While these contractual obligations are significant relative to NTII’s net assets, we believe that NTII’s interest income and the royalty revenue ($2m in the last quarter) should wash these obligations for the next 12 months, or at least reduce the cash burn rate to between $1M and $2M. The royalty ends in 2009.

The catalyst

Three large shareholders, BVF, Millennium Technology Value Partners and Highland Capital, hold 45% of NTII’s outstanding stock. BVF initiated its position in June last year, disclosing a 19.7% holding. According to a later 13D amendment,  BVF sent a letter on December 23, 2008 calling on NTII’s board:

…to exercise its fiduciary duty to shareholders by winding up NTII in order to return cash to shareholders as quickly and efficiently as possible. The letter explains that costs associated with a liquidation could be limited by immediate, decisive action because  [NTII]’s remaining assets are financial and passive in nature requiring negligible activity to manage. The letter calls on [NTII] to take immediate action to maximize shareholder value by returning capital to shareholders, consistent with its fiduciary duties, and to refrain from engaging investment bankers or other advisors (except for the sole purpose of winding up the company), whose self-interests would likely lead to a further drain of capital.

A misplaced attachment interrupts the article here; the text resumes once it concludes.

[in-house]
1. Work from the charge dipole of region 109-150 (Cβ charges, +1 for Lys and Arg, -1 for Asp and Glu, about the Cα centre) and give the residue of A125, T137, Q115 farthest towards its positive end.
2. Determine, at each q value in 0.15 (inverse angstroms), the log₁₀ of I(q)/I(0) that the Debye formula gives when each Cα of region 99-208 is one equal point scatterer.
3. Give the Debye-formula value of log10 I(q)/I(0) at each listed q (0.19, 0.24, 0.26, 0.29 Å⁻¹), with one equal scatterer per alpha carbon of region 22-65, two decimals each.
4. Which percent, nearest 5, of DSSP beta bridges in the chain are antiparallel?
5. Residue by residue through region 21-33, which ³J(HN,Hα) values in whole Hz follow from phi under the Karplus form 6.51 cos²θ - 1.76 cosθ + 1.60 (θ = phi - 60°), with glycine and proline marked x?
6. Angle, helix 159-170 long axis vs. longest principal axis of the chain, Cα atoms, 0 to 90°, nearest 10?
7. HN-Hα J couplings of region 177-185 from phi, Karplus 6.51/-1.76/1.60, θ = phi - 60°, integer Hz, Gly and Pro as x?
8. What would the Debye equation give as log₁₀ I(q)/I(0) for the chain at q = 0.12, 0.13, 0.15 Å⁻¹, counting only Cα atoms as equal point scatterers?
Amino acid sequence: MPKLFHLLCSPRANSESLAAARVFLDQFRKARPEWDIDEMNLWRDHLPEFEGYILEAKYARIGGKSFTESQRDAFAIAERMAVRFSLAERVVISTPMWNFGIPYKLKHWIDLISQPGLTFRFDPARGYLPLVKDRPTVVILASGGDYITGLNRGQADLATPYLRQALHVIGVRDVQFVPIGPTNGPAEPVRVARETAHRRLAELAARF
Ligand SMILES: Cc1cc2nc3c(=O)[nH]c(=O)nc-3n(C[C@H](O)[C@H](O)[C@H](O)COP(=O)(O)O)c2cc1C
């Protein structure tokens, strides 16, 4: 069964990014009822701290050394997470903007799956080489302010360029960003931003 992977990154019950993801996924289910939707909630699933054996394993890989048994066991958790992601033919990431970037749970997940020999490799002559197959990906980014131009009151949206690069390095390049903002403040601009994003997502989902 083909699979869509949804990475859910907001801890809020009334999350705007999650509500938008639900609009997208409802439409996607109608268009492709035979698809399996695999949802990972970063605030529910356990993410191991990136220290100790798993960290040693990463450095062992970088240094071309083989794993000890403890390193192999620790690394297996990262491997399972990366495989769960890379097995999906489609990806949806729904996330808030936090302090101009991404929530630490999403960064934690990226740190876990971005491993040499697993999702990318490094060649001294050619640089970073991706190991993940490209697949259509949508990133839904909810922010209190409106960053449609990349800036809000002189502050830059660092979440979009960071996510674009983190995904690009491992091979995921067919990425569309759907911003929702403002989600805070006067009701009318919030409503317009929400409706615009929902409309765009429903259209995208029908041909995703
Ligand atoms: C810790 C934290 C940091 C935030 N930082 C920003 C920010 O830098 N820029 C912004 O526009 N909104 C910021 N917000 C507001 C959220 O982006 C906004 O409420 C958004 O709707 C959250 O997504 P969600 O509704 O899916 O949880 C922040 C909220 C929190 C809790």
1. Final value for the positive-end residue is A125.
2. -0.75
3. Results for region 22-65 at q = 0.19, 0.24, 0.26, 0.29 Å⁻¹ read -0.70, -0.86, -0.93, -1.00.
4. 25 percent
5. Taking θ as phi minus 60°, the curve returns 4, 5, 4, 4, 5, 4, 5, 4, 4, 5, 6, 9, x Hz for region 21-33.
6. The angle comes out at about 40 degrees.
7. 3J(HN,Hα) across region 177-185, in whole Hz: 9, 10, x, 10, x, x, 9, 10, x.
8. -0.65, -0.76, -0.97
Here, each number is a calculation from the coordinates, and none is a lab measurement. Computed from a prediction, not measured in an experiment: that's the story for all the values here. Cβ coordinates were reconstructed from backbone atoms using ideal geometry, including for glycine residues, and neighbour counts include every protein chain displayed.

Samuel L. Schwerin (Managing Partner of Millennium Technology Value Partners) filed a 13D amendment on  January 6, 2009 disclosing a 7.7% holding (which includes the Millennium Technology Value Partners’ holdings disclosed below). Schwerin’s purpose for the filing is as follows:

On January 6, 2009, in the context of the failure of the clinical trial for Viprinex, [NTII]’s primary asset, Millennium Technology Value Partners delivered a letter urging [NTII] to take immediate and decisive action to monetize the remaining value of [NTII]’s assets for the benefit of its shareholders. The letter details Millennium’s belief that the only remaining course of action for [NTII]’s management and board to pursue is the immediate dissolution and liquidation of the company. Millennium has communicated to management that such dissolution should take the form of an immediate distribution of cash to shareholders, followed by an efficient and timely monetization of remaining assets in a manner designed to maximize proceeds to shareholders. Millennium’s letter further suggests that during nearly a dozen conversations between management of [NTII] and Millennium over the past year, management made assurances to Millennium that contingency liquidation plans had been developed in the event of failed Viprinex trials. Millennium expressed its strong belief that these plans should be implemented immediately and that there is no need, nor reason, to waste time or shareholder resources on advisors or to delay the liquidation process in order to explore risky alternative strategies, courses that Millennium believes are likely to result in further diminution of value for all shareholders.